films," Donnie says. "The whole dynamic of Hong Kong
itself-because we work at such a fast pace-is because we come from a
different background. I've worked in Hong Kong for17 years and in the
beginning I don't think that I was used to a slower pace. In Hong Kong,
for example, I normally walk onto the set with a crew of people
overlooking the martial arts and action scenes required. Then I
choreograph the stuff with my own stuntmen and finally I edit my own
stuff. That is the true flavor of the end product."
ask Donnie if he did all of his own stunts in the Sanctuary scene. He did.
Even that move where he stands on the moving motorcycle?
I did that," he says, like it's an everyday thing. "Big John,
did you walk down to the mailbox today and mail that letter?" And I'd
say, "Yeah, I did that." That's how he said it.
me remind you again: Donnie Yen is cool.
talk a little more about the stunts. I ask him how he prepares for a scene
like that. "In Hong Kong, first of all we drink a lot of
whiskey!" he laughs. "We have a lot of balls and a lot of
American films slow down the pacing of their stunts. "They were quite
safe," Donnie explains. "In Hollywood, every department is so
addition to his lightning-fast hands and feet, Donnie wields a deadly
staff with blades on each end in Endgame. "They just gave me that
weapon, so I took the weapon and started swinging it around." Donnie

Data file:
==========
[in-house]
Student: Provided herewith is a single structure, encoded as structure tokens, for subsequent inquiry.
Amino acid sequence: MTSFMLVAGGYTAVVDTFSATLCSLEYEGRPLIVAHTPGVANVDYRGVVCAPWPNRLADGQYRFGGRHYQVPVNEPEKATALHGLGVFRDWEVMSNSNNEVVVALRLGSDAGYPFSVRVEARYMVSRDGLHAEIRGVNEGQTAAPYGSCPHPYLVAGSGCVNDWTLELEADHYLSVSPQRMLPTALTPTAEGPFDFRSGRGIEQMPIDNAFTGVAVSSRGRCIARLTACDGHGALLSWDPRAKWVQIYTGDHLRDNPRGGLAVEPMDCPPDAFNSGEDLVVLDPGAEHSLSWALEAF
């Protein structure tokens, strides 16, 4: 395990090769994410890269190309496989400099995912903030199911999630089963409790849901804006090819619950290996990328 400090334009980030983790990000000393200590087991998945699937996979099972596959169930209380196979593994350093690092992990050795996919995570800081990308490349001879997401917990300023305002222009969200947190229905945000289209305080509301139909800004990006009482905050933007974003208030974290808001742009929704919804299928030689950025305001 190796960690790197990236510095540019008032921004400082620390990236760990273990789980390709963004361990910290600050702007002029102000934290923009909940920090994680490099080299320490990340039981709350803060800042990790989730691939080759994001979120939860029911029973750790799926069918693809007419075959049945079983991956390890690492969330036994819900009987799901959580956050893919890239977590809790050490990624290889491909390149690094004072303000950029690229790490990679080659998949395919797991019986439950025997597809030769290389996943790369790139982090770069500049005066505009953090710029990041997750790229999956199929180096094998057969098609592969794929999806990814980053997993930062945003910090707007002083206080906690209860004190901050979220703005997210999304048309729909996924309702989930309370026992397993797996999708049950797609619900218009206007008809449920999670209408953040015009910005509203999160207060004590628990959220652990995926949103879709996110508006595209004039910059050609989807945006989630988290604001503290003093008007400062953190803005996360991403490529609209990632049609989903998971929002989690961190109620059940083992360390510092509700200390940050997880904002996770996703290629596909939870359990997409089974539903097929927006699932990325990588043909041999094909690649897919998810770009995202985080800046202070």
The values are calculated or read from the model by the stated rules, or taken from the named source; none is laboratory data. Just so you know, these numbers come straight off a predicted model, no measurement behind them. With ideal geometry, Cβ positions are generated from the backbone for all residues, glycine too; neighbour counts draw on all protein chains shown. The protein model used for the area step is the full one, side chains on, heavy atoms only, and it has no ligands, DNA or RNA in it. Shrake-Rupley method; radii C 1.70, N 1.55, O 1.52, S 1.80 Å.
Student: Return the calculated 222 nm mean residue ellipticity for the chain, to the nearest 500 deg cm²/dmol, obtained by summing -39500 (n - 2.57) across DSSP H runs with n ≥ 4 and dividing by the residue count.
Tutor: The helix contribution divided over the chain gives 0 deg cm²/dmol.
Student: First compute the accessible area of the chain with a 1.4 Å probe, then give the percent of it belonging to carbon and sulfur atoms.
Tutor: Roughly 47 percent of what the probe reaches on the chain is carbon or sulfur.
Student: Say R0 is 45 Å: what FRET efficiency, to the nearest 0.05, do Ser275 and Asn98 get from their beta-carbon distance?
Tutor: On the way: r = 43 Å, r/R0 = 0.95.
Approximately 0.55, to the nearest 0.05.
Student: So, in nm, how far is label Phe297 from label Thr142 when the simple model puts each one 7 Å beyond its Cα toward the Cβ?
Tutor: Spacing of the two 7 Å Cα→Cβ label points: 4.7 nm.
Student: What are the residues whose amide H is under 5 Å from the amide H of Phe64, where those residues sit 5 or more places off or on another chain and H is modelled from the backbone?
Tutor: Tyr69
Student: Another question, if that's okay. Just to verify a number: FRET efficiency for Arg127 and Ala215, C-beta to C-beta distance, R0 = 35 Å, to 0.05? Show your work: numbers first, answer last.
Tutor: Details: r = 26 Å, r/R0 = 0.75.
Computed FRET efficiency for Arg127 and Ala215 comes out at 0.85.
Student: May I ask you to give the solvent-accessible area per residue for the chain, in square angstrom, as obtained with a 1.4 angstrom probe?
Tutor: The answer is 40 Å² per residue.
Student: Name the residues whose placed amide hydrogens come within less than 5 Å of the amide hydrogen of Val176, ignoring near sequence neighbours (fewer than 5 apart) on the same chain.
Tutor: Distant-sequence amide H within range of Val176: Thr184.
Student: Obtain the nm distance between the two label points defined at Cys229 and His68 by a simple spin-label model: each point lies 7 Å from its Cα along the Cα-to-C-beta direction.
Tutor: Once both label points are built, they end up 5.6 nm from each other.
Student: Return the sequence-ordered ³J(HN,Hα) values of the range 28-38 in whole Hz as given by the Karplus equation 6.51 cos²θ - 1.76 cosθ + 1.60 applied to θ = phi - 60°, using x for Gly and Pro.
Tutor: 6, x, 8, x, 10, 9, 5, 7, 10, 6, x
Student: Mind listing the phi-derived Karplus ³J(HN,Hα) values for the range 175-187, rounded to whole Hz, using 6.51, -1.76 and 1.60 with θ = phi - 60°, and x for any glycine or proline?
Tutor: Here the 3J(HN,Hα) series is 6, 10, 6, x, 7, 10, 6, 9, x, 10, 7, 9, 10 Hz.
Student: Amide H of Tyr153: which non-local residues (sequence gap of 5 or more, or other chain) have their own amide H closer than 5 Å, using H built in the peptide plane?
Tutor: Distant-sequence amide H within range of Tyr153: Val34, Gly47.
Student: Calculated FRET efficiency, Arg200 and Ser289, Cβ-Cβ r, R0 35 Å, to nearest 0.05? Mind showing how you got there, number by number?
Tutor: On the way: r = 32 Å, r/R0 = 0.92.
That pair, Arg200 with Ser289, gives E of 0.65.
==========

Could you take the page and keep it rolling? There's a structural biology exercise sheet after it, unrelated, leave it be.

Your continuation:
explains that in Hong Kong films, specific weapons are usually not
designed for specific characters. Weapons often come in the form of chairs
or whatever else happens to be nearby when the fight breaks out.
are trained to improvise on the set," Donnie says of Hong Kong
moviemaking. "We don't have any kind of specific planning or
preparation, unlike a lot of American productions, which is very fortunate
for the American productions, I feel, because in Hong Kong we never have
that type of luxury."
as awesome as Donnie's scenes that are in the film are those that aren't.
Some of the most important and powerful Jin Ke moments ended up on the
cutting room floor, casualties of the film's under-90-minute running time.
of Donnie's ideas was not pursued. Donnie, like many Highlander fans, felt
that Jin Ke should have taken a stand against Kell. "Men, for the
most part, can mend their ways only after they have made a mistake,"
Jin says to Faith (Lisa Barbuscia). Donnie talks about his ideas for a
confrontation between Jin and his master.
felt personally that there should be a fight between Jin and Kell,"
Donnie says quite firmly. "I believe so. Given the character buildup
in the first two scenes, I think the audience would have liked to see me
try to assassinate Kell. But they couldn't change it. I said, 'I
understand. I appreciate it.' It is a Highlander movie. I'm a guest. The
host is so warm, asking you to make yourself at home, and you really can't
make it into your own home, you know?"
Donnie turned his idea into something that did make it into filming but
was edited out of the final cut.
came up with an idea that perhaps would save the character. I came up with